But what about Cameron’s numbers, showing that as a percentage of balls put in play, the home run rates today are similar to those in the steroid era? That may be true for all of baseball, Tobin says. The elite power hitters of the steroid era, however, were hitting more batted balls out the park than prior stars, because these were the players for which the extra muscle boost could dramatically impact their home run numbers. These players were already more likely to hit long fly balls without steroids: the juice would make a difference. So they had much more incentive to juice. And if weaker hitters were juicing, PEDs could give them more power, but maybe not as much to impact home run production.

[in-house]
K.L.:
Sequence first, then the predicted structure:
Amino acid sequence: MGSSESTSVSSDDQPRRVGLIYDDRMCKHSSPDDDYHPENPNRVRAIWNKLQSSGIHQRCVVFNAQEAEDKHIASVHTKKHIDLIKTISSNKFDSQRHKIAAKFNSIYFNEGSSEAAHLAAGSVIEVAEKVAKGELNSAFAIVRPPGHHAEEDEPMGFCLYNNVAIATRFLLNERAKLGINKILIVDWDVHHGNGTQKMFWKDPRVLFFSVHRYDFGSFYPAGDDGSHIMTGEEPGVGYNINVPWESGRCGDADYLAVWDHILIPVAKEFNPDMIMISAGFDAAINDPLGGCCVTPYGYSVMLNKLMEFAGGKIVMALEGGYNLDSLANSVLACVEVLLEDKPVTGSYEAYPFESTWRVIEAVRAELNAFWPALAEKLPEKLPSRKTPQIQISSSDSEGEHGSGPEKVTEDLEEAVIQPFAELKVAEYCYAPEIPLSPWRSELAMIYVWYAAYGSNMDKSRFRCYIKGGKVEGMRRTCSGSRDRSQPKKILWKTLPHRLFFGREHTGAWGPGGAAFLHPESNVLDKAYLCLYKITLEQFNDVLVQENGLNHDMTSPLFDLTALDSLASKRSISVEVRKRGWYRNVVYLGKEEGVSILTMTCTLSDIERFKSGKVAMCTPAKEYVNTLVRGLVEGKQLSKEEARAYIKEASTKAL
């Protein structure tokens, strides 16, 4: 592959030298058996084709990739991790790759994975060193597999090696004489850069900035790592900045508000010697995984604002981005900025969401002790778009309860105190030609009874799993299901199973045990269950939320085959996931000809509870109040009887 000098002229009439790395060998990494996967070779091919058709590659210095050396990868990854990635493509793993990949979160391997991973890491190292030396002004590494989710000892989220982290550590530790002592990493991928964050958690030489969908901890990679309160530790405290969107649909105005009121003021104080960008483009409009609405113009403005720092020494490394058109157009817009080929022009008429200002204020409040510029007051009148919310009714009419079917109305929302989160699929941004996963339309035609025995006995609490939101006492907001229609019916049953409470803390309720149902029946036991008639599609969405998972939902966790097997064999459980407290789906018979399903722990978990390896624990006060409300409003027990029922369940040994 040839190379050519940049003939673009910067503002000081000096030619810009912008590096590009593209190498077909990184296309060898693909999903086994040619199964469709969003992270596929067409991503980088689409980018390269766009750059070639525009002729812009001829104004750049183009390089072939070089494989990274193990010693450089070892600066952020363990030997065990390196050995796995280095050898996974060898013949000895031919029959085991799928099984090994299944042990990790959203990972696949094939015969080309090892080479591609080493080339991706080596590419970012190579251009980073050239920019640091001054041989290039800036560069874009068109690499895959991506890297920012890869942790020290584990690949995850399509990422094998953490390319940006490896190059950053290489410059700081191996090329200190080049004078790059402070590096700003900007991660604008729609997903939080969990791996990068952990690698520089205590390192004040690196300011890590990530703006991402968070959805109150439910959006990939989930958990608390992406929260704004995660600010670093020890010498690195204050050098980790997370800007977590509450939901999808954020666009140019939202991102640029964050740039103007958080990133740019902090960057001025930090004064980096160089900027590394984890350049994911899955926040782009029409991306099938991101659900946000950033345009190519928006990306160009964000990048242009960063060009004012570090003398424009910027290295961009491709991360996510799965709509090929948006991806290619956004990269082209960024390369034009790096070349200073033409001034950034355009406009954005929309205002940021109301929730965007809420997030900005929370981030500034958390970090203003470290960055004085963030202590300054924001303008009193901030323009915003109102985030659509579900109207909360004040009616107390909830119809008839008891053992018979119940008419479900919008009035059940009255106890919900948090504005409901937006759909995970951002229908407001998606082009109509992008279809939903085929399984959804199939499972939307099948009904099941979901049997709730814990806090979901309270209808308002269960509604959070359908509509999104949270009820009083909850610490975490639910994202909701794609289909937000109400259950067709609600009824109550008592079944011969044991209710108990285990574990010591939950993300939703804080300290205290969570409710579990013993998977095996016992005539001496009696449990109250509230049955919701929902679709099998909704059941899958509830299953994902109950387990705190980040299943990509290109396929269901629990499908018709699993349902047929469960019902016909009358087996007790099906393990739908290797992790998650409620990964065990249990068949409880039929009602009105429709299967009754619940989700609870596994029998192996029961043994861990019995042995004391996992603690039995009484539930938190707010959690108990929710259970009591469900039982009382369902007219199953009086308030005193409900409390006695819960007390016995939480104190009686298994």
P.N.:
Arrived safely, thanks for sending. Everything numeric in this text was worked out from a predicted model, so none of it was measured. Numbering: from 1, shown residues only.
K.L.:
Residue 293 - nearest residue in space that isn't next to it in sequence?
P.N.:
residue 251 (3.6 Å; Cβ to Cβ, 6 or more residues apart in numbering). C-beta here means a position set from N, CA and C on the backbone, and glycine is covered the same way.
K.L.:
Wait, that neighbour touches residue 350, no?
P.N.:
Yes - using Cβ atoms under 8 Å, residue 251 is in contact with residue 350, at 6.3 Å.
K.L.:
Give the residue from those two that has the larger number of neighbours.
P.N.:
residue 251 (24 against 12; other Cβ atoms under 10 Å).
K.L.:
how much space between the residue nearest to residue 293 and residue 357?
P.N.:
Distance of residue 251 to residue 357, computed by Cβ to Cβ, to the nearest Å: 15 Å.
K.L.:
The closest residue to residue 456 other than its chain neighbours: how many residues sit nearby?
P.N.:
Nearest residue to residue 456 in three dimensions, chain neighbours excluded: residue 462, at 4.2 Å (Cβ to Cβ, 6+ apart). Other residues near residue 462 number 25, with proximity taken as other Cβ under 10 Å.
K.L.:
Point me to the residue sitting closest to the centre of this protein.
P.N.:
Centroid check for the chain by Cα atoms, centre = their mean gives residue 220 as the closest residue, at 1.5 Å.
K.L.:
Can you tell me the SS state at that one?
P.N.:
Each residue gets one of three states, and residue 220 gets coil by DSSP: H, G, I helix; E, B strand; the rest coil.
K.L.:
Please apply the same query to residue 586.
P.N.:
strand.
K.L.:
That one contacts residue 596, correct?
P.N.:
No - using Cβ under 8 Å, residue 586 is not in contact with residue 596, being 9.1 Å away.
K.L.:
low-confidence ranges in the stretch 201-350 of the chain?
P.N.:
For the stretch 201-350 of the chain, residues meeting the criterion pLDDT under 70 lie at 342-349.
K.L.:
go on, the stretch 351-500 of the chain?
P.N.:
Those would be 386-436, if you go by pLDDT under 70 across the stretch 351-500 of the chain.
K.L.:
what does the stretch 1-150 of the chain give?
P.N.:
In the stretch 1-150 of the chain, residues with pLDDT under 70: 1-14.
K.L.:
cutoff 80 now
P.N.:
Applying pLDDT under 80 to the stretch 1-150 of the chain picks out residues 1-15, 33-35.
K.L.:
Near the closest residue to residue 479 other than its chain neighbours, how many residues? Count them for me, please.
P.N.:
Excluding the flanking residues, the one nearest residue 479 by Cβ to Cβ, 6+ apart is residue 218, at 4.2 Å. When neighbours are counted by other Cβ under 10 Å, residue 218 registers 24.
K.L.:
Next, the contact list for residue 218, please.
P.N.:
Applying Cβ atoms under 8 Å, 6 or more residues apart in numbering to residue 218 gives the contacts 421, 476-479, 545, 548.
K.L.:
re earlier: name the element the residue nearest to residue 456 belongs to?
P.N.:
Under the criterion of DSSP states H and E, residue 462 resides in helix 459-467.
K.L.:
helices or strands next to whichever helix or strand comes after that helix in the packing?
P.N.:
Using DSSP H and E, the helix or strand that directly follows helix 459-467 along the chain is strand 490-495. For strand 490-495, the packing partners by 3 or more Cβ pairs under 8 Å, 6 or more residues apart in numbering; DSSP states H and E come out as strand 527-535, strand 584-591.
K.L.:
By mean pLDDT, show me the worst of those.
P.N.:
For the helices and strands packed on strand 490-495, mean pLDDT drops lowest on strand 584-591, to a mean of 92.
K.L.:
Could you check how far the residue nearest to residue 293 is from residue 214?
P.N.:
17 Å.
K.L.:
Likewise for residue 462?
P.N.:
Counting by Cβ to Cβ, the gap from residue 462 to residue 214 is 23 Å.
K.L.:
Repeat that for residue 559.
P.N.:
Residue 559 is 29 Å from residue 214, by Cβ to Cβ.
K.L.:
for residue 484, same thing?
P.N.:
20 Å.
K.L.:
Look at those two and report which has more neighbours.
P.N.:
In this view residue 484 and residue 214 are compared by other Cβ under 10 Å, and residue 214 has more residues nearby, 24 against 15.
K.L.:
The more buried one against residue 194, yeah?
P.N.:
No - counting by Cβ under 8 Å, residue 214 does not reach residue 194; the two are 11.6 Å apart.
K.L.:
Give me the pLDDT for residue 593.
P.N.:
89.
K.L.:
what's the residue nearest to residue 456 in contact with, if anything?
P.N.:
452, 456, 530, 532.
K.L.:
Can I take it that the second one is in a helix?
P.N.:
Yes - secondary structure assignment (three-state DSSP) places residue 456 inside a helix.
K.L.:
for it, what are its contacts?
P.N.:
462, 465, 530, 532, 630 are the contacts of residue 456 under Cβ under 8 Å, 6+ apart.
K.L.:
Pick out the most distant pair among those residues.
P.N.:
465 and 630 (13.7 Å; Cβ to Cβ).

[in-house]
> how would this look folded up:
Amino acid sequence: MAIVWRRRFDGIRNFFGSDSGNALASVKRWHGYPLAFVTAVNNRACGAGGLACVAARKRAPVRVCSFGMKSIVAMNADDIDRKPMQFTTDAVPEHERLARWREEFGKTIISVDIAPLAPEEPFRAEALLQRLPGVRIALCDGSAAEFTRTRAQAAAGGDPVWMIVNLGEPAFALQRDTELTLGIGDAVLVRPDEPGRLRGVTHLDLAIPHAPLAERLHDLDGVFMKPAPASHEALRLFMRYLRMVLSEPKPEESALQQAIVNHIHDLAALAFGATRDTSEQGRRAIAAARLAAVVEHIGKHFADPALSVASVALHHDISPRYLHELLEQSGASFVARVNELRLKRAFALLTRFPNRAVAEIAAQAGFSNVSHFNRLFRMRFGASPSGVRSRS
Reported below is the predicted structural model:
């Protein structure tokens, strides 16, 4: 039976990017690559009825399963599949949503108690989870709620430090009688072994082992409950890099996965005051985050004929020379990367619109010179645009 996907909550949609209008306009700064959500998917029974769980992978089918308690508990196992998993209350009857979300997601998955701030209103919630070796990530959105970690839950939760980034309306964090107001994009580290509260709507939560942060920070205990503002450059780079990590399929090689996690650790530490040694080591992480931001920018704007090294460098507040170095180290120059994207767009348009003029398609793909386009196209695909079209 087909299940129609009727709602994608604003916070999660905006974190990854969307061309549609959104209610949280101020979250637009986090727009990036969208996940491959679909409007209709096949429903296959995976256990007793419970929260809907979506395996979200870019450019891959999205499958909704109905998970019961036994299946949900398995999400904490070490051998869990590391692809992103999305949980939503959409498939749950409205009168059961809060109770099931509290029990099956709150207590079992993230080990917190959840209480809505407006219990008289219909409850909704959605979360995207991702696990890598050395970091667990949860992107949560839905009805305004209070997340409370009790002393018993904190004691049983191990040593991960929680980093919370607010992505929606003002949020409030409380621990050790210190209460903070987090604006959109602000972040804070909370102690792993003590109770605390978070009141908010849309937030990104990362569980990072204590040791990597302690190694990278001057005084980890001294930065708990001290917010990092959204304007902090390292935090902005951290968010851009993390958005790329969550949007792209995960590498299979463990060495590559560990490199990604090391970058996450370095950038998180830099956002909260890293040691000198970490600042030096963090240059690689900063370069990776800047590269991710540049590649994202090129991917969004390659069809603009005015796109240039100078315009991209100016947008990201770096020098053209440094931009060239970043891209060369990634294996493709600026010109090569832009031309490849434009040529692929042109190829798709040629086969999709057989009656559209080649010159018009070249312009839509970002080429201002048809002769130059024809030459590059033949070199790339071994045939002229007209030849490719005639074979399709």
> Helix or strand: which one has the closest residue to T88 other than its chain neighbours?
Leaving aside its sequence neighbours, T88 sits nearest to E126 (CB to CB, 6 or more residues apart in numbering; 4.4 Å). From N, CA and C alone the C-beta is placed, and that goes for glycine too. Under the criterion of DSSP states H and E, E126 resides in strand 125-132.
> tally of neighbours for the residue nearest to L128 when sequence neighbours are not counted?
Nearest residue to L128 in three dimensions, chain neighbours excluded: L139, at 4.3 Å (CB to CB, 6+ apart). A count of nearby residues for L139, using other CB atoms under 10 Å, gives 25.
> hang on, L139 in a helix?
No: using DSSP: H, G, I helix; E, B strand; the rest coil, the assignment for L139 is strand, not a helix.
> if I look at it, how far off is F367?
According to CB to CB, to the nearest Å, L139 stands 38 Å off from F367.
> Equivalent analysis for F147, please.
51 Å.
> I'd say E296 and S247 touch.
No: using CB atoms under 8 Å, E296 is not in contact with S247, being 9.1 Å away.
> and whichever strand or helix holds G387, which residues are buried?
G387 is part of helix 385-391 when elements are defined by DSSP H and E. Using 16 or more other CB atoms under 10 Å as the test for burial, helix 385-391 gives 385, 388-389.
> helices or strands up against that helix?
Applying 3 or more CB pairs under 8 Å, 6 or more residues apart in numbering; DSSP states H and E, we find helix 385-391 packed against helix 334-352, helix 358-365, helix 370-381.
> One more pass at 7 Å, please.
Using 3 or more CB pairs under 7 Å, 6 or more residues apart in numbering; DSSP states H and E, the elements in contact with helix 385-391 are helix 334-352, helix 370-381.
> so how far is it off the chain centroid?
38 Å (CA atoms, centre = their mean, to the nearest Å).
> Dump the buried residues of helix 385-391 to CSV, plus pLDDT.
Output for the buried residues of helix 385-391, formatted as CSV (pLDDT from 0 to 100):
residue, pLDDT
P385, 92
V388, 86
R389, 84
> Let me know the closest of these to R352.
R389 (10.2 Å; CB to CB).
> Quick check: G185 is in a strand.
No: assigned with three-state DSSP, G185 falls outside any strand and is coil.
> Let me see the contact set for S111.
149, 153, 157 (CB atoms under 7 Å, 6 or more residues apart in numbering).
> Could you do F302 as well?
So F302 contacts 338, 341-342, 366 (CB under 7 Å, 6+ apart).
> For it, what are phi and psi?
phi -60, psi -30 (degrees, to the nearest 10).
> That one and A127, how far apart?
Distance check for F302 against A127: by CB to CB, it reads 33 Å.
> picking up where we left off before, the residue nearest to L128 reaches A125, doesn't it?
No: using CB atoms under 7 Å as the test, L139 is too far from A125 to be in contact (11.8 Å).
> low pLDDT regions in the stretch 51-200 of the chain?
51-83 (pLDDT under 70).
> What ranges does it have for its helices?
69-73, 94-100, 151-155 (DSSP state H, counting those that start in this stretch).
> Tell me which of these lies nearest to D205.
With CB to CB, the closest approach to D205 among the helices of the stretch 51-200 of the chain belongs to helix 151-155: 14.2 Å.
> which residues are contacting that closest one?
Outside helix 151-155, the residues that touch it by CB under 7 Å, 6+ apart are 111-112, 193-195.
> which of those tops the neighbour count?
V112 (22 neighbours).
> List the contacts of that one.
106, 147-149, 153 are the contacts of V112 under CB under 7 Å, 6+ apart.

Take Bonds, for example. In 2001, the year he hit 73 home runs, 19% of the balls Bonds put in play were home runs, Tobin shows. In his five best years putting balls in play into the stands, Bonds averaged a 15% home run per contact rate. Babe Ruth’s five best years averaged 9.2%. Aaron’s: 6.8%. Willie Mays‘: 5.2%. Mark McGwire’s: 17.2%.

Yeah, I’m betting that the performance-enhancers made a difference.

But even though Cameron and Tobin disagree about the impact of steroids, they both think players like Bonds and Clemens should be in the Hall of Fame. “These are the greatest players of their generation,” says Tobin. “You can never prove that anyone in that era was clean.” If anything, Tobin recommends a separate Hall of Fame wing for steroids-era stars. “If someone went to the Hall of Fame in 25 years, and all these guys are missing? That would just seem weird to me.”

MORE: Lesson of the Barry Bonds Steroid Trial? No More Steroid Trial!